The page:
- Shopping Bag ( 0 items )
Part One Understanding Estate-Planning Basics
Chapter One Different Kinds of Property and the Law
Chapter Two Wills and Trusts: Choosing the Right Tools to Make Your Estate Plan Work
Chapter Three Beyond Wills and Trusts: The Rest of the Estate Planner's Toolkit
Chapter Four The Ins and Outs of the Probate Process
Chapter Five Who's in Charge Here? Choosing Your Executor or Trustee
Chapter Six Using a Trust Protector: Someone to Trust Besides Your Trustee
Chapter Seven When Things Go Wrong
Chapter Eight Preparing for the Tax Man
Part Two Applying the Basics: Estate-Planning Tools for Common Life Situations
Chapter Nine Providing for Young Children: Some Useful Trust Provisions
Chapter Ten Planning for Children with Disabilities
Chapter Eleven Mom and Dad's Basic Estate Tax Planning
Chapter Twelve Subsequent Marriages: Providing for a Spouse Without Giving Away the Family Fortune
Chapter Thirteen Charitable Donations: Gifts that Give Back
Part Three Preserving Your Estate: Keeping Creditors, Spendthrifts, and the Tax Man at Bay
Chapter Fourteen An Introduction to Asset Protection Planning
Chapter Fifteen Protecting Your Wealth with an Irrevocable Life Insurance Trust
Chapter Sixteen Protecting Beneficiaries from Themselves
Chapter Seventeen Minding Your Business: Protecting Investment Interests
Part Four Estate Planning with Retirement Assets
Chapter Eighteen Distribution Solutions for Beneficiaries
Chapter Nineteen Using Trusts as Designated Beneficiaries
Appendix A List of Executor Duties and Tasks of Probate
Posted February 13, 2005
This exceptional, easy-to-understand reference MOTIVATES its readers to take action, which qualifies it as the most comprehensive source recently written on estate planning. It challenges the reader to probe deeper than 'I need to write my own will,' especially emphasizing today's re-marriage, children-by-various-spouses scenarios. Mr. Palermo's writings provides the REASONING behind will, trust, estate, and control decisions, and therefore empowers its readers beyond the normal estate planning verbage. I highly recommend this version to retirees who have the time, desire, and knowledge to consider an unbiased source when contemplating their financial legacies. This belongs on many required reading lists.Was this review helpful? Yes NoThank you for your feedback. Report this reviewThank you, this review has been flagged.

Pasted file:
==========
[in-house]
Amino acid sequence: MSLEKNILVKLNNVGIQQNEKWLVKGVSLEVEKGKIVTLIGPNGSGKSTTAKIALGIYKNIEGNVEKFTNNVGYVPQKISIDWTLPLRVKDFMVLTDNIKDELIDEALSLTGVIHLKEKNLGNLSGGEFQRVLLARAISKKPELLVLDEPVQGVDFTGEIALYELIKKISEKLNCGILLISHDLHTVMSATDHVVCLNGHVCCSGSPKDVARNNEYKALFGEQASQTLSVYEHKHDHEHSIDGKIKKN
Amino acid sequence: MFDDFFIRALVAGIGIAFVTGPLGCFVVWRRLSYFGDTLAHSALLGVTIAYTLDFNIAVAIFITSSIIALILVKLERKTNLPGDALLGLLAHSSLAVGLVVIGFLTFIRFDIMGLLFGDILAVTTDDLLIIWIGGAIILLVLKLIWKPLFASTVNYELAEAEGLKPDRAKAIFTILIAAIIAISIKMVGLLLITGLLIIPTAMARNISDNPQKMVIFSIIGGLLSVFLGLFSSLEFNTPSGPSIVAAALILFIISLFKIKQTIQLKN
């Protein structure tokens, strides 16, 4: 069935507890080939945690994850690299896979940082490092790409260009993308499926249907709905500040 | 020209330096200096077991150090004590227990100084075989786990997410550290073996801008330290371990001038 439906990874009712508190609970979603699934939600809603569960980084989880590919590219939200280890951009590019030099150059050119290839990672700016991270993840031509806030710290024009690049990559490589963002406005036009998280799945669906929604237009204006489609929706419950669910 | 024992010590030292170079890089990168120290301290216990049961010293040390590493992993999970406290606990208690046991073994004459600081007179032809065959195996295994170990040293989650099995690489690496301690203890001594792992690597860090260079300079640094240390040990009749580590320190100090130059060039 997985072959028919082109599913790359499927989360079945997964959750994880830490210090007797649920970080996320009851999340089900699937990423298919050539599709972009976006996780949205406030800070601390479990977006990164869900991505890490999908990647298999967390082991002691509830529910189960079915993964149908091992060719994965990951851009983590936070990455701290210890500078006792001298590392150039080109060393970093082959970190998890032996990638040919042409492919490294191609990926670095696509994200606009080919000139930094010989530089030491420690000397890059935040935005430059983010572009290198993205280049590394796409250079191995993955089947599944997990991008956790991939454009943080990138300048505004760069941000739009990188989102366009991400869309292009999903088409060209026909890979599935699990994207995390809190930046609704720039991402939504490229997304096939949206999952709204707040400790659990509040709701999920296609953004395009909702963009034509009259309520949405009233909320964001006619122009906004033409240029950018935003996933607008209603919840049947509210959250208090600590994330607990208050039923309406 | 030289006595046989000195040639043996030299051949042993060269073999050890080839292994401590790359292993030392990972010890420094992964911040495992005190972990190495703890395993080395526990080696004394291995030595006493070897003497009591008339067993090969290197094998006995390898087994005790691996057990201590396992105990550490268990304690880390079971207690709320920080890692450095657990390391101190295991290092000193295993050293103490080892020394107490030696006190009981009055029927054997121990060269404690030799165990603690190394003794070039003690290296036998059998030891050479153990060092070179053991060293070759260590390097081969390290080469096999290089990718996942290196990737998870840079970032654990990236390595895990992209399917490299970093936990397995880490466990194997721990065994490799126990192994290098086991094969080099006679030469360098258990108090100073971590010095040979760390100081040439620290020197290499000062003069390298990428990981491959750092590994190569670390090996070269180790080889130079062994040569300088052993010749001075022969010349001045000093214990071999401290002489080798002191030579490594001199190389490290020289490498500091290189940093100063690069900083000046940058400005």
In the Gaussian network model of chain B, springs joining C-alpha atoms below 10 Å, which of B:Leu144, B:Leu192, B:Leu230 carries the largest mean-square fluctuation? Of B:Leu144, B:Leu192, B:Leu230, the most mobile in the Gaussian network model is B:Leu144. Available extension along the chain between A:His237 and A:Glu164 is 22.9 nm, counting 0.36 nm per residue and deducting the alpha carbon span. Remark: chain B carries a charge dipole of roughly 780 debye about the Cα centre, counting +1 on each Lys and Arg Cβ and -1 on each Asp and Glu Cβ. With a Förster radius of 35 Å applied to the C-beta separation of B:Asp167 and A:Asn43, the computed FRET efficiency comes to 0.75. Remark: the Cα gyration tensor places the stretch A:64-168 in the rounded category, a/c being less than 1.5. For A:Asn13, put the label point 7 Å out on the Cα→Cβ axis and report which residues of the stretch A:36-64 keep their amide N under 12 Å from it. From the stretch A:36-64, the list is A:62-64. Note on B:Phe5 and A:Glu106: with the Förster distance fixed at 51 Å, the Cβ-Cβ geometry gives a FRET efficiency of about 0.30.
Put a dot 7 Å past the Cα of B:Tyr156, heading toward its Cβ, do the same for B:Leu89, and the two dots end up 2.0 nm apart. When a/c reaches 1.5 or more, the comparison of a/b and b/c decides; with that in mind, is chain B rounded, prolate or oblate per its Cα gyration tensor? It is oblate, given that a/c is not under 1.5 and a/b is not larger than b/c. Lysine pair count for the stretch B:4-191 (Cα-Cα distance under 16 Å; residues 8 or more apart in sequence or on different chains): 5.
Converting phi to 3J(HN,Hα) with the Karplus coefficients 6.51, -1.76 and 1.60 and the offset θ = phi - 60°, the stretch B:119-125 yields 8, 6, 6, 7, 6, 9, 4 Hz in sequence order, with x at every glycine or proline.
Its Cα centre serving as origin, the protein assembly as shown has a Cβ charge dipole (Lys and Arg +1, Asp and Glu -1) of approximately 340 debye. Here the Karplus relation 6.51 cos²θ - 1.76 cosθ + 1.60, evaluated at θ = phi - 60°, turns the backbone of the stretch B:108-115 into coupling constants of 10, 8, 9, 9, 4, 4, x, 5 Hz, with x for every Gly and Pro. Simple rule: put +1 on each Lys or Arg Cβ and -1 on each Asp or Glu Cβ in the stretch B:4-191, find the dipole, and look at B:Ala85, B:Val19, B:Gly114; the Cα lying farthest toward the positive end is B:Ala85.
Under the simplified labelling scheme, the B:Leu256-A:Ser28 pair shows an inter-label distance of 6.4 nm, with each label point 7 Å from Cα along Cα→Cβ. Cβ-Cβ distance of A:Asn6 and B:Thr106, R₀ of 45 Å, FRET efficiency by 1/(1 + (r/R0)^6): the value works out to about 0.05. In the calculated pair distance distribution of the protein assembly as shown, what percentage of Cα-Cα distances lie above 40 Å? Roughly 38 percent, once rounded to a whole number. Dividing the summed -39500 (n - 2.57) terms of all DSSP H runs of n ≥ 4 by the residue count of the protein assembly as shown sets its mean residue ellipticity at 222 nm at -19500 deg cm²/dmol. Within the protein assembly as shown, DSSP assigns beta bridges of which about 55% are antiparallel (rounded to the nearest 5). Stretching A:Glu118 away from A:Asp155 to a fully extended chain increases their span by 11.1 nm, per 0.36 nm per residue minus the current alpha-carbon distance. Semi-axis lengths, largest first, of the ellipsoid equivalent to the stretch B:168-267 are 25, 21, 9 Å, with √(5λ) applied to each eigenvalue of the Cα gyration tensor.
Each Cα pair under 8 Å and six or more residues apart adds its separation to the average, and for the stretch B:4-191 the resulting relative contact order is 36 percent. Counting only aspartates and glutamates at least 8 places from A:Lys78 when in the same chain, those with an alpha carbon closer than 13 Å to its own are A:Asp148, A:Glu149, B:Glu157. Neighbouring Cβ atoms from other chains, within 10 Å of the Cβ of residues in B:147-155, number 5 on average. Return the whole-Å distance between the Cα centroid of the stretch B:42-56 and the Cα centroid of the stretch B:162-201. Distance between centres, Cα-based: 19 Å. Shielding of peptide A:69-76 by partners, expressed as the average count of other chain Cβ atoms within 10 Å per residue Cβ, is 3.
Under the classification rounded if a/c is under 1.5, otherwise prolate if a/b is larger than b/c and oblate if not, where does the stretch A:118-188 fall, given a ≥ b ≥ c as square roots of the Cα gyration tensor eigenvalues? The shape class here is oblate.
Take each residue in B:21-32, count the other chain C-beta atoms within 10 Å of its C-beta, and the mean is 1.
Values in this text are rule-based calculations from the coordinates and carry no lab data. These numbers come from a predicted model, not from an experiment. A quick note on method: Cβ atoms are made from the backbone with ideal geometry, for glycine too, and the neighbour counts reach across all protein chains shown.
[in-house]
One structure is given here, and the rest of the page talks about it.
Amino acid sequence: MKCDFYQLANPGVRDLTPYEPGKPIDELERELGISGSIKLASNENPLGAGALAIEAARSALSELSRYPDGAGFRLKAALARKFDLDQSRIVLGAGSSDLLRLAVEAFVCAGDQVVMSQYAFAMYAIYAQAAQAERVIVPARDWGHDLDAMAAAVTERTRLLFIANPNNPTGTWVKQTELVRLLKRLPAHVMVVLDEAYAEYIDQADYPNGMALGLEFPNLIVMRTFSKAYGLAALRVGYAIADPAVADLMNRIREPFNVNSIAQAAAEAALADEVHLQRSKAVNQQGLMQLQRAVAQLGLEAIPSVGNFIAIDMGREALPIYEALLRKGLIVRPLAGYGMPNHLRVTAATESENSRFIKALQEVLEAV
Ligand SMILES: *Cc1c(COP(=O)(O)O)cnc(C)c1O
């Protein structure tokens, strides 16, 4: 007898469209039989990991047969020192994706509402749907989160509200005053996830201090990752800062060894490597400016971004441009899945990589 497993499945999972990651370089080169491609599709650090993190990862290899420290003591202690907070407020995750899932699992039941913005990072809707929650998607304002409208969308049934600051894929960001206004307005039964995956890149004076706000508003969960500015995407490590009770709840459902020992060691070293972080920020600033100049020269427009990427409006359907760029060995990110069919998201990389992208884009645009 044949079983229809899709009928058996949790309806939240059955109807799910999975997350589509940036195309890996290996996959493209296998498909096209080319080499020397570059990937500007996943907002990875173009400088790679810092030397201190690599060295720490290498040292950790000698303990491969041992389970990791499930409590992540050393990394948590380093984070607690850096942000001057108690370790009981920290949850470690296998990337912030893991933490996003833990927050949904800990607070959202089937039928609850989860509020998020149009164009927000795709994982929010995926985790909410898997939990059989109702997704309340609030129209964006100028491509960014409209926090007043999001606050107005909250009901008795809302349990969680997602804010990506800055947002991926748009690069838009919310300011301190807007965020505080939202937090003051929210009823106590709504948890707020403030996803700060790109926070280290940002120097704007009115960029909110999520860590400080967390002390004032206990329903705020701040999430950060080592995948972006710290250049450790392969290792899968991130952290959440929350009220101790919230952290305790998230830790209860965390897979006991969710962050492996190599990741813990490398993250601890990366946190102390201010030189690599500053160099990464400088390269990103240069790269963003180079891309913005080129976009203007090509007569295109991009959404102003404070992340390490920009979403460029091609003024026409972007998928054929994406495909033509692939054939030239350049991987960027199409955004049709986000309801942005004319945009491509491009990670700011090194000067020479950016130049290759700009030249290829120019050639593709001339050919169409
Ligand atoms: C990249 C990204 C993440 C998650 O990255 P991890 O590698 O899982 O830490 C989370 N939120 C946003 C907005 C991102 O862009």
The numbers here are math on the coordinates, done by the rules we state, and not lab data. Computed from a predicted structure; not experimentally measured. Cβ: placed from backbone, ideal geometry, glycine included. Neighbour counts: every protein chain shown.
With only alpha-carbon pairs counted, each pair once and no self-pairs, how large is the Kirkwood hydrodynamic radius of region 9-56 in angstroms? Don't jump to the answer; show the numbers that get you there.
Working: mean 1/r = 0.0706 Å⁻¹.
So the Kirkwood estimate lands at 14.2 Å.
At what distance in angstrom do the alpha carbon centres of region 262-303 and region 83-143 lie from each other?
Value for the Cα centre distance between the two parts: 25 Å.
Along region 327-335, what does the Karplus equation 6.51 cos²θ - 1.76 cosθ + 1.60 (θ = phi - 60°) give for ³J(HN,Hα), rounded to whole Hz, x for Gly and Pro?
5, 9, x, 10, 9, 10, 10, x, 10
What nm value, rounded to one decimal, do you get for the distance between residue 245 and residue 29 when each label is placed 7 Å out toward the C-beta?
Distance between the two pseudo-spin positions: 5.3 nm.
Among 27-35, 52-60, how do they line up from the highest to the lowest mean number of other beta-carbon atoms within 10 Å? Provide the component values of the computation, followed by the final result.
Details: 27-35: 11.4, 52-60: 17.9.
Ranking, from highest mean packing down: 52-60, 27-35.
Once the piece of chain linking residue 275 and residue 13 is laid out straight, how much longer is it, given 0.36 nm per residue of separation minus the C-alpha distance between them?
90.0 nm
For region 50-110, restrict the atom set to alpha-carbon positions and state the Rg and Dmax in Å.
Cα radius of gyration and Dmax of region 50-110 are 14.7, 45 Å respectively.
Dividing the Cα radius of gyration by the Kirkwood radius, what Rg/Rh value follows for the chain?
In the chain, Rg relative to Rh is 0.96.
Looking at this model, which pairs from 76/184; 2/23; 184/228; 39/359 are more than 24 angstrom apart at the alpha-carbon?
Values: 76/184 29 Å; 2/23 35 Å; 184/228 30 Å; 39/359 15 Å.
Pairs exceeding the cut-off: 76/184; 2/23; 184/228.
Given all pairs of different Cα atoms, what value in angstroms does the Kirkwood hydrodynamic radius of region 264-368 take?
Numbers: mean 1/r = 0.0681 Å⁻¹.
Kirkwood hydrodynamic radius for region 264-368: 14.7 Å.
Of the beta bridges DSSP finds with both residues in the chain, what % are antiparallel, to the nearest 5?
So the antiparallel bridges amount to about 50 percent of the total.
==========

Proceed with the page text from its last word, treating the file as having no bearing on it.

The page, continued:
Posted February 23, 2005
Most people don't want to be a burden to others. They want to make a plan, to be certain things happen the way they want if they die or become sick. Lawyers know the best way to get this done in their local jurisdiction. What makes this book so helpful is that it doesn't pretend to substitute for a legal education, years of experience in the field of taxation and estate planning, and advice based on an understanding of your personal situation. Instead, it helps people get the general information they need so they can maximize the time they spend with their lawyer. That way they will get a plan they can know will work for themselves and their families when the chips are down. And that way, they can get the peace of mind that estate planning is really all about.Was this review helpful? Yes NoThank you for your feedback. Report this reviewThank you, this review has been flagged.
Posted January 25, 2005
This is an excellent book for anyone with questions, or people who don¿t know what questions to ask. It¿s easy to ready, well organized, and has some interesting stories, some of which I can relate to. Plus, if you¿re like me, a single parent, you want to protect your assets for your children. I looked into living trusts, and learned a lot from Mr. Palermo. There are a lot of books out there, but I¿m glad I started with this one. I think the AARP Crash Course will be a book I¿ll refer to again and again. By the way, I strongly disagree with the previous reviewer. This book is not just a plug for lawyers. In fact, there is an Appendix with a list of the steps involved in probating a will by yourself. Mr. Palermo points out, however, that it is easy to overlook something. It seems well worth hiring a lawyer for an hour or so, just to review what you¿ve done, as Mr. Palermo recommends. If you do your own estate planning or probate work, you'll have peace of mind in knowing it was done correctly.Was this review helpful? Yes NoThank you for your feedback. Report this reviewThank you, this review has been flagged.
Posted January 14, 2005
The primary goal of this book is to convince the reader that they need to use the services of estate attorneys for both planning and probate. The author tells you why you need a will or a trust, and then goes on to tell you how critical it is to have an attorney handle your estate both before and after death. Sadly lacking is information about avoiding the use of attorneys for what are really very routine matters, such as probating uncontested wills. If you are smart enough to read and understand this book, then you are probably smart enough to do a lot of the work yourself that the author urges you to have an attorney handle. Although this book contains lots of useful information about estate planning, it should not be your only source of estate planning advice. Read one of the Nolo books, too, to get a more balanced viewpoint about when the services of an attorney are needed.Was this review helpful? Yes NoThank you for your feedback. Report this reviewThank you, this review has been flagged.